Locusta was a dedicated, masterful botanist who took something as lame and useless as science and applied it to important things like giving people heart attacks for fun and profit.  Inventive, cruel, powerful, and intelligent, this mysterious woman from the countryside of Gaul dedicated her life to the study of herbal lore, creating hundreds of extracts from various plants and fungi and using them to ingeniously devise new ways of ruining her enemies.  Utilizing everything from mushrooms to human blood, Locusta tested her dark concoctions on animals to ensure their potency in her constant quest for the perfect toxins.  It wasn’t long before she realized the best applications of this would be to become a hitman, crafting herself a fortune by helping the corrupt asshole aristocrats of Rome destroy other corrupt asshole Roman aristocrats.




Earning a name for herself as a master poisoner, Locusta turned Rome into her own personal Jonestown and made some of the most powerful men in the city chug Drano from a beer bong until they barfed to death.  As a hardcore killer-for-hire making money hand-over-mortar-and-pestle, this diabolical assassiness offered dozens of varieties of painful death, utilizing things like hemlock, belladonna, nightshade, arsenic, quinine, and possibly even cyanide and opium overdoses to surreptitiously and prematurely end the lives of the most powerful men in the city.  A lot of modern sources like to call her “history’s first serial killer”, but those sources are all dumb because she was doing it for the cash and not out of some sick personal obsession.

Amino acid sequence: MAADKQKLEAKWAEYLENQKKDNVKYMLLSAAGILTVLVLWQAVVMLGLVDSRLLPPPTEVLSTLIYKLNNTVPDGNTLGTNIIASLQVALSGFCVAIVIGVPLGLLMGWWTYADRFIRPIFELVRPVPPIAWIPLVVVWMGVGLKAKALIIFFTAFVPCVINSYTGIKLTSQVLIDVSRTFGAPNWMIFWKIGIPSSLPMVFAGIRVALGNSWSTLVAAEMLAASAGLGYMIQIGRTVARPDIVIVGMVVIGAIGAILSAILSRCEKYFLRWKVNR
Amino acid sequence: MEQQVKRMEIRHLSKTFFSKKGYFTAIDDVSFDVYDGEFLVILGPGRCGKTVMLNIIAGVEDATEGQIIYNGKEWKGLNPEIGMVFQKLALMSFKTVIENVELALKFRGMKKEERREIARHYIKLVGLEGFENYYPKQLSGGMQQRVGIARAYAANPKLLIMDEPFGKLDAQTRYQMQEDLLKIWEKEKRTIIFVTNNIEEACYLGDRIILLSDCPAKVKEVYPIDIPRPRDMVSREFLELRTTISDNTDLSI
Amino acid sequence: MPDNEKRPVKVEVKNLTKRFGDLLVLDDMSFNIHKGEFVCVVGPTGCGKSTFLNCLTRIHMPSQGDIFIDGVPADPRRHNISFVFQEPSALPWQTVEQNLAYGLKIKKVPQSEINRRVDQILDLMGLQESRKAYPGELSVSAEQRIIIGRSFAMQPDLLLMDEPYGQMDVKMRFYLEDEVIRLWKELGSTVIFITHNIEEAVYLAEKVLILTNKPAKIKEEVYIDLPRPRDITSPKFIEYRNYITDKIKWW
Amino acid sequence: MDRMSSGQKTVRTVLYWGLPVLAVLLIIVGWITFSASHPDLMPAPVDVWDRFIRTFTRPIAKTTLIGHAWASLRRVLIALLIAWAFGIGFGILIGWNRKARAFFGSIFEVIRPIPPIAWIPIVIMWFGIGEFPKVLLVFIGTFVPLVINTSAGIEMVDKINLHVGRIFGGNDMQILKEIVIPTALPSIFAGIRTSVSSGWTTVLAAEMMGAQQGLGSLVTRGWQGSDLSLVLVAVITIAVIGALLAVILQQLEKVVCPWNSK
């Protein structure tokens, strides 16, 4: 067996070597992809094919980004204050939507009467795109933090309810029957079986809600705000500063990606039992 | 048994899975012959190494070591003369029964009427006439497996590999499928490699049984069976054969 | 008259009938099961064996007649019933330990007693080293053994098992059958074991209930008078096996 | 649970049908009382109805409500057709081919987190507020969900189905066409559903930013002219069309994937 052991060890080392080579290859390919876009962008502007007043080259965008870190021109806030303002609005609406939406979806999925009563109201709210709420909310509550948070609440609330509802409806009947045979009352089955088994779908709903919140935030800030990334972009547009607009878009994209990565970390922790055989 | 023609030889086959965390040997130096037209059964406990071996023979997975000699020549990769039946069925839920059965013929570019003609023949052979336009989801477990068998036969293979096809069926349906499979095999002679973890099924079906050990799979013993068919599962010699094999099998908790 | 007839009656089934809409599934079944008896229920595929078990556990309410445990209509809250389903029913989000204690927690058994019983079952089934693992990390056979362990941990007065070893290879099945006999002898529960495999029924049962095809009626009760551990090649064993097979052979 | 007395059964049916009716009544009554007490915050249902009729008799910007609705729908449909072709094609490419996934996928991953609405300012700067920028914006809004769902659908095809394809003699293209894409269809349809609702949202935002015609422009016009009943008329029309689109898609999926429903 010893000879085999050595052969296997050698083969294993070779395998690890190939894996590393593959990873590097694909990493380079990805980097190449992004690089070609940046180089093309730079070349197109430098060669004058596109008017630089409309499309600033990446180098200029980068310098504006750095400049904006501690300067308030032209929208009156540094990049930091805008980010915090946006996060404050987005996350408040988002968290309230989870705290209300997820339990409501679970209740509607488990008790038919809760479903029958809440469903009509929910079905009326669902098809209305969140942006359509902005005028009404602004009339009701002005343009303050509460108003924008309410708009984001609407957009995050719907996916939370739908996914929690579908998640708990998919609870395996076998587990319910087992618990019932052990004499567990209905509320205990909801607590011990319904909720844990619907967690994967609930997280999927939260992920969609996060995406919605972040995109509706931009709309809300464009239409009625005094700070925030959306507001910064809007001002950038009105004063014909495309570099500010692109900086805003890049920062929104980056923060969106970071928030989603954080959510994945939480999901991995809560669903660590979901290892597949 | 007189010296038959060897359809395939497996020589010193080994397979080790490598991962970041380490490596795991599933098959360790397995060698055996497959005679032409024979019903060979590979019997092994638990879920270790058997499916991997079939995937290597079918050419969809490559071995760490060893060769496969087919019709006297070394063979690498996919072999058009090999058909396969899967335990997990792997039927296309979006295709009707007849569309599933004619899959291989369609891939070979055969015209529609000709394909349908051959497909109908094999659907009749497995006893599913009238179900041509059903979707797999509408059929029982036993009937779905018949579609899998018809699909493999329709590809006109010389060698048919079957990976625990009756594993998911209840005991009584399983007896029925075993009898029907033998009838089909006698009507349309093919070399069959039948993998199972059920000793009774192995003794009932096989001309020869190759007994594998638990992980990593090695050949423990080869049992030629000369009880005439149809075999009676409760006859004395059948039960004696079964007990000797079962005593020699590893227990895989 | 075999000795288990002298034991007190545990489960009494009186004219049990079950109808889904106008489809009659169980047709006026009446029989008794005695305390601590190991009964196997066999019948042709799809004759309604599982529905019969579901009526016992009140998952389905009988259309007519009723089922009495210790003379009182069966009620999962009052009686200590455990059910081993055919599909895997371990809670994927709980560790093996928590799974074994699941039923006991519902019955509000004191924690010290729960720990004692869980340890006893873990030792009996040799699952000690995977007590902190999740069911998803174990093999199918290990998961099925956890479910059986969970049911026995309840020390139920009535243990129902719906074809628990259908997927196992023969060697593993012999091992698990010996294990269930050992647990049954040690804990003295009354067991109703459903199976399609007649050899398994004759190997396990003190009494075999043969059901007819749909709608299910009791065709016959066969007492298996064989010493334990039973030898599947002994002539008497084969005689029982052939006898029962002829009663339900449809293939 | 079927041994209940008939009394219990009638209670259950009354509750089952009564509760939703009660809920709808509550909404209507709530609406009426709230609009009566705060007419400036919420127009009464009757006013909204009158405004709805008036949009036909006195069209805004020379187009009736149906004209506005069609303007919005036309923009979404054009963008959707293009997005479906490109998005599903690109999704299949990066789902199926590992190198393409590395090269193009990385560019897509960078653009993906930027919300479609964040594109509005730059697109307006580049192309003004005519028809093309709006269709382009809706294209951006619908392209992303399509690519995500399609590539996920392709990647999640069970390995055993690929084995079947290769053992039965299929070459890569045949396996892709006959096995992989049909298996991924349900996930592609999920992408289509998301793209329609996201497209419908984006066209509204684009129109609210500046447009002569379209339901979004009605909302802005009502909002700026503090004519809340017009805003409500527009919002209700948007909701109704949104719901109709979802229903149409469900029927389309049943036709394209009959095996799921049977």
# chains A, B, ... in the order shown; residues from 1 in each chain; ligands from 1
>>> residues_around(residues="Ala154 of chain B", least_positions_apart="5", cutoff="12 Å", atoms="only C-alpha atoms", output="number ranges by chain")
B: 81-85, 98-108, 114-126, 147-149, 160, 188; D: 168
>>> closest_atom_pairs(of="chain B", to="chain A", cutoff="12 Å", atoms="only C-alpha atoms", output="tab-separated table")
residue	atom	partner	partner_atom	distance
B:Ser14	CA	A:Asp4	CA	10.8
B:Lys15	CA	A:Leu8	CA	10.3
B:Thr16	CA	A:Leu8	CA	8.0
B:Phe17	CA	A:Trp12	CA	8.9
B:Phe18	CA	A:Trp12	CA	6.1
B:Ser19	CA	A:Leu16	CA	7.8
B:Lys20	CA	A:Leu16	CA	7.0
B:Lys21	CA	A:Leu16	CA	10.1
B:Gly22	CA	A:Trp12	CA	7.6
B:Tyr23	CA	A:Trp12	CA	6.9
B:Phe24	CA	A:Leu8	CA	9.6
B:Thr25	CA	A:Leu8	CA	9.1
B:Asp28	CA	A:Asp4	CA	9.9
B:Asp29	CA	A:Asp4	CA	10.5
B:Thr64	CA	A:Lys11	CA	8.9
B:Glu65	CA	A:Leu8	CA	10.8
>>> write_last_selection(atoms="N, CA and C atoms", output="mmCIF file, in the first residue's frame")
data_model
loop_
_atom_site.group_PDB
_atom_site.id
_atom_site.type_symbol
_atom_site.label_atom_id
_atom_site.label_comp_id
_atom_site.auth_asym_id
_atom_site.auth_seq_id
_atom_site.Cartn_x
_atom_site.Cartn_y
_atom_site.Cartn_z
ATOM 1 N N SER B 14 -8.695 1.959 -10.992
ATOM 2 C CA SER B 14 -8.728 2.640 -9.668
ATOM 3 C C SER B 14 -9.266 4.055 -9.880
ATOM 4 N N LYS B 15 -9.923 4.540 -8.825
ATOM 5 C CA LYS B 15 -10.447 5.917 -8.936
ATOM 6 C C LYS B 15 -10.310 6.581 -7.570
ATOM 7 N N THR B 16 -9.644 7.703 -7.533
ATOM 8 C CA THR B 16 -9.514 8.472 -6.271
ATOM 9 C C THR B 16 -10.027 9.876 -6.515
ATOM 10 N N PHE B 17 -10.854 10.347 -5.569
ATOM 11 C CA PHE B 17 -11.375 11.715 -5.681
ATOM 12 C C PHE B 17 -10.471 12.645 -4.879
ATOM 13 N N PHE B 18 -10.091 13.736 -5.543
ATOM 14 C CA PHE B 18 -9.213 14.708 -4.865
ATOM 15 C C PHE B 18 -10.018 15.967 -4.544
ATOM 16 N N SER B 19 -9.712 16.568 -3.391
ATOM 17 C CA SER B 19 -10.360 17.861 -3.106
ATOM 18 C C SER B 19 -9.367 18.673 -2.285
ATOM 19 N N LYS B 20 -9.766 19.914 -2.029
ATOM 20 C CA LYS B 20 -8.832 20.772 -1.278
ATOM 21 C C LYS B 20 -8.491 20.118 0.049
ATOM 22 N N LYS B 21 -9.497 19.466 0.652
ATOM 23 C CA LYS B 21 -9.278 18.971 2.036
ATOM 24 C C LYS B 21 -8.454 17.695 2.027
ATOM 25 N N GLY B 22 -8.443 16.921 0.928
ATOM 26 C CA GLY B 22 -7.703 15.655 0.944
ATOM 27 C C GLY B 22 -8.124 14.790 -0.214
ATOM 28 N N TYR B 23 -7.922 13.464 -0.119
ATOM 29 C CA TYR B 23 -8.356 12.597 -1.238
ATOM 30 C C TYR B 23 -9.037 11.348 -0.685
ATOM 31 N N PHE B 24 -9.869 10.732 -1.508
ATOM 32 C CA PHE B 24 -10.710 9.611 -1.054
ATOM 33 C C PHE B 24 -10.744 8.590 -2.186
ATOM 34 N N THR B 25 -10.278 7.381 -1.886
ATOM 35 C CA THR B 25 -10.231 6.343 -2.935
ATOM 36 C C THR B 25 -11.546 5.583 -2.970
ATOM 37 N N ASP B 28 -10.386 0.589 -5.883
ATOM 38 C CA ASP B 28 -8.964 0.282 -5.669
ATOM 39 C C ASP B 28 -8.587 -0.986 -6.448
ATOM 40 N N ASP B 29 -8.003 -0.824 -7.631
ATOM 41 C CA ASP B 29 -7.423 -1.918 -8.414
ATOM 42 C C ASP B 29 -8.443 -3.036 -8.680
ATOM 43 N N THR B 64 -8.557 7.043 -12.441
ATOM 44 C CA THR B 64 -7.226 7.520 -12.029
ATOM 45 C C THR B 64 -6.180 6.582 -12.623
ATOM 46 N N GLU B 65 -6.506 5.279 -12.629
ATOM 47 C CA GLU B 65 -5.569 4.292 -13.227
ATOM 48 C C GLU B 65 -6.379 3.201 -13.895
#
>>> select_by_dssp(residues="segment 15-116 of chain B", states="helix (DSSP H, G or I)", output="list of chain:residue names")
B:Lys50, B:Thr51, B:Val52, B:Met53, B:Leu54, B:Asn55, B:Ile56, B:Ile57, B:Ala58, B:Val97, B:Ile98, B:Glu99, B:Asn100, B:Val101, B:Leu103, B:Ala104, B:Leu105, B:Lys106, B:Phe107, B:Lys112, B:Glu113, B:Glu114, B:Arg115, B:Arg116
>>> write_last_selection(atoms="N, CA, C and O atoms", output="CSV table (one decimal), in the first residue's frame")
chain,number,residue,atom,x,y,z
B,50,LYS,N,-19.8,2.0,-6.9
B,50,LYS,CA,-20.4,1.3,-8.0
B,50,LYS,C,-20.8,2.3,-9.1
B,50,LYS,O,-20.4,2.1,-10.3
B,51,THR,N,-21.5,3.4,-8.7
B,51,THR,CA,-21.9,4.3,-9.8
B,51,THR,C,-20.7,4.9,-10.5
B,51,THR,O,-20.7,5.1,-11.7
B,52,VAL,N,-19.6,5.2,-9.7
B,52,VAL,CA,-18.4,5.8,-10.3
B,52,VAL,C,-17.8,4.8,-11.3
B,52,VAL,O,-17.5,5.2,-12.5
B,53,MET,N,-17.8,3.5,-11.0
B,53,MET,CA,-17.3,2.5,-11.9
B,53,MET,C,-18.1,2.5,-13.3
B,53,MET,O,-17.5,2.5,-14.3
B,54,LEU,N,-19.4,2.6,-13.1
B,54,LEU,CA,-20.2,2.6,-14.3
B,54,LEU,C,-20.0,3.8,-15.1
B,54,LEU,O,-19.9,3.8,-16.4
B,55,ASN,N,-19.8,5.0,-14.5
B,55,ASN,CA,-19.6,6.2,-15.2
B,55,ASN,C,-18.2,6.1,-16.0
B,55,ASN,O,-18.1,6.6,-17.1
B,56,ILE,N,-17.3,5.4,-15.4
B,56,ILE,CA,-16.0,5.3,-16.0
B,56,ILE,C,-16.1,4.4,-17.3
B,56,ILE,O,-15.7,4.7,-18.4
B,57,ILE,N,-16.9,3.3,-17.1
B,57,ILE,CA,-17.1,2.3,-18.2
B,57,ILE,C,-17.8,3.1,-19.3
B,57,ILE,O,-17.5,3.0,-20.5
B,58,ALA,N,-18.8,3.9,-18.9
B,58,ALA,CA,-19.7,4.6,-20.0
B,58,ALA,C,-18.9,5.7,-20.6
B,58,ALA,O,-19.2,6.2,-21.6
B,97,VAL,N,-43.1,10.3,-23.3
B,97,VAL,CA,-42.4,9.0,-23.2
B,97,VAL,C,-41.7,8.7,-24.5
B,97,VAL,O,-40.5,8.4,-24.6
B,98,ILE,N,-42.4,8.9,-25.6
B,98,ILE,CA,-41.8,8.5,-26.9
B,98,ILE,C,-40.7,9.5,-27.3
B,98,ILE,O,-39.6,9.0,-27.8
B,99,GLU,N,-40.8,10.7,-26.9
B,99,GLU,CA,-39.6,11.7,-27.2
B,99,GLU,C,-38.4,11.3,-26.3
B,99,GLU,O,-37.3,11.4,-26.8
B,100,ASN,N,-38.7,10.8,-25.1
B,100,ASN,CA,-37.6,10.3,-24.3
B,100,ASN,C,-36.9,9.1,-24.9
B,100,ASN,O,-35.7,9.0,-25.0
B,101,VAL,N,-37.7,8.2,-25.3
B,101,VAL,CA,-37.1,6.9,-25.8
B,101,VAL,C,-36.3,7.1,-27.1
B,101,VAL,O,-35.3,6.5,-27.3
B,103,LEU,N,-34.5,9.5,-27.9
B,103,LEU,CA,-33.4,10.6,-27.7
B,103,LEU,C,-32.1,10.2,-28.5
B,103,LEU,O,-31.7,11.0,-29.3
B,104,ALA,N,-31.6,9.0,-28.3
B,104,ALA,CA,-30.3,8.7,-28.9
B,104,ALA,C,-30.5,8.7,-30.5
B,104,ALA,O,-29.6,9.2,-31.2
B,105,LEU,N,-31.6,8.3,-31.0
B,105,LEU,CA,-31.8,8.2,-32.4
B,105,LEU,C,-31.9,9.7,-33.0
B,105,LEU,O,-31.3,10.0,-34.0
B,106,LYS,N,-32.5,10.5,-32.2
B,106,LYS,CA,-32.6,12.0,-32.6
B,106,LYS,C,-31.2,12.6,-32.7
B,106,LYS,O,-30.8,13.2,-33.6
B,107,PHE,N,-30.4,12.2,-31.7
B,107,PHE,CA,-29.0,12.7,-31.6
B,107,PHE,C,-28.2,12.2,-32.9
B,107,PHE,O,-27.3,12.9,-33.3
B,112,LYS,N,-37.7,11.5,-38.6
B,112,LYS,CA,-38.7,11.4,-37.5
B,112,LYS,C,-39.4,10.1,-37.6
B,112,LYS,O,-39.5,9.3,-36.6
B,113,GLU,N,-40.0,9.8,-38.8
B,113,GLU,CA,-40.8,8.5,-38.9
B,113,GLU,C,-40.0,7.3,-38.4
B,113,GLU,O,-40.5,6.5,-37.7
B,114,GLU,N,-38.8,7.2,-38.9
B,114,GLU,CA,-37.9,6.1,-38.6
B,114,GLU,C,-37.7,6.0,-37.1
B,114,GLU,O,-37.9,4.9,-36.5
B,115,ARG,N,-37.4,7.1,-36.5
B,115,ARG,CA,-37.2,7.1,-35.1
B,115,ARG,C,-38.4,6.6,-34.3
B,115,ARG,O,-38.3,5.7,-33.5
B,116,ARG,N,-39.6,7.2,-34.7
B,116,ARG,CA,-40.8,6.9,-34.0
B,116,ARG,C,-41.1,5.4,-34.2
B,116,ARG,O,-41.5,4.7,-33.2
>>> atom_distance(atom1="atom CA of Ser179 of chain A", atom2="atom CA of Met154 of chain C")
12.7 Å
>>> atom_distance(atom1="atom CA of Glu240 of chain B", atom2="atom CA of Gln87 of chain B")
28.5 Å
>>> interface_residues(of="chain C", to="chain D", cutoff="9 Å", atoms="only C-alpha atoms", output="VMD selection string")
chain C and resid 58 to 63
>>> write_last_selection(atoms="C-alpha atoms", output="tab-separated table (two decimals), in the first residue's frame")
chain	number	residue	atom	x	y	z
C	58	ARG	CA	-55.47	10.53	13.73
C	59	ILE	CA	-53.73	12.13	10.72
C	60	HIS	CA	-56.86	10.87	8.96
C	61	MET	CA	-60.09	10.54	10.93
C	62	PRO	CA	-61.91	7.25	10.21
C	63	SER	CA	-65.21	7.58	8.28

It’s safe to assume that dozens of Locusta’s victims died without anyone even suspecting foul play, but you also can’t put out fucking Yellow Pages ads under the name “Locusta the Poisoner” without a cop or two rolling around to ask you a few stations.  Locusta was arrested twice for murder, but both times she was bailed out when powerful Roman senators flexed their political balls to get her exonerated of her charges.  Presumably they did this in exchange for a future kill, or because they needed to save their own butts from being implicated in the murder investigation, but either way this chick was like an Ancient Roman Keyser Soze with dark friends from up on high the prince of darkness himself.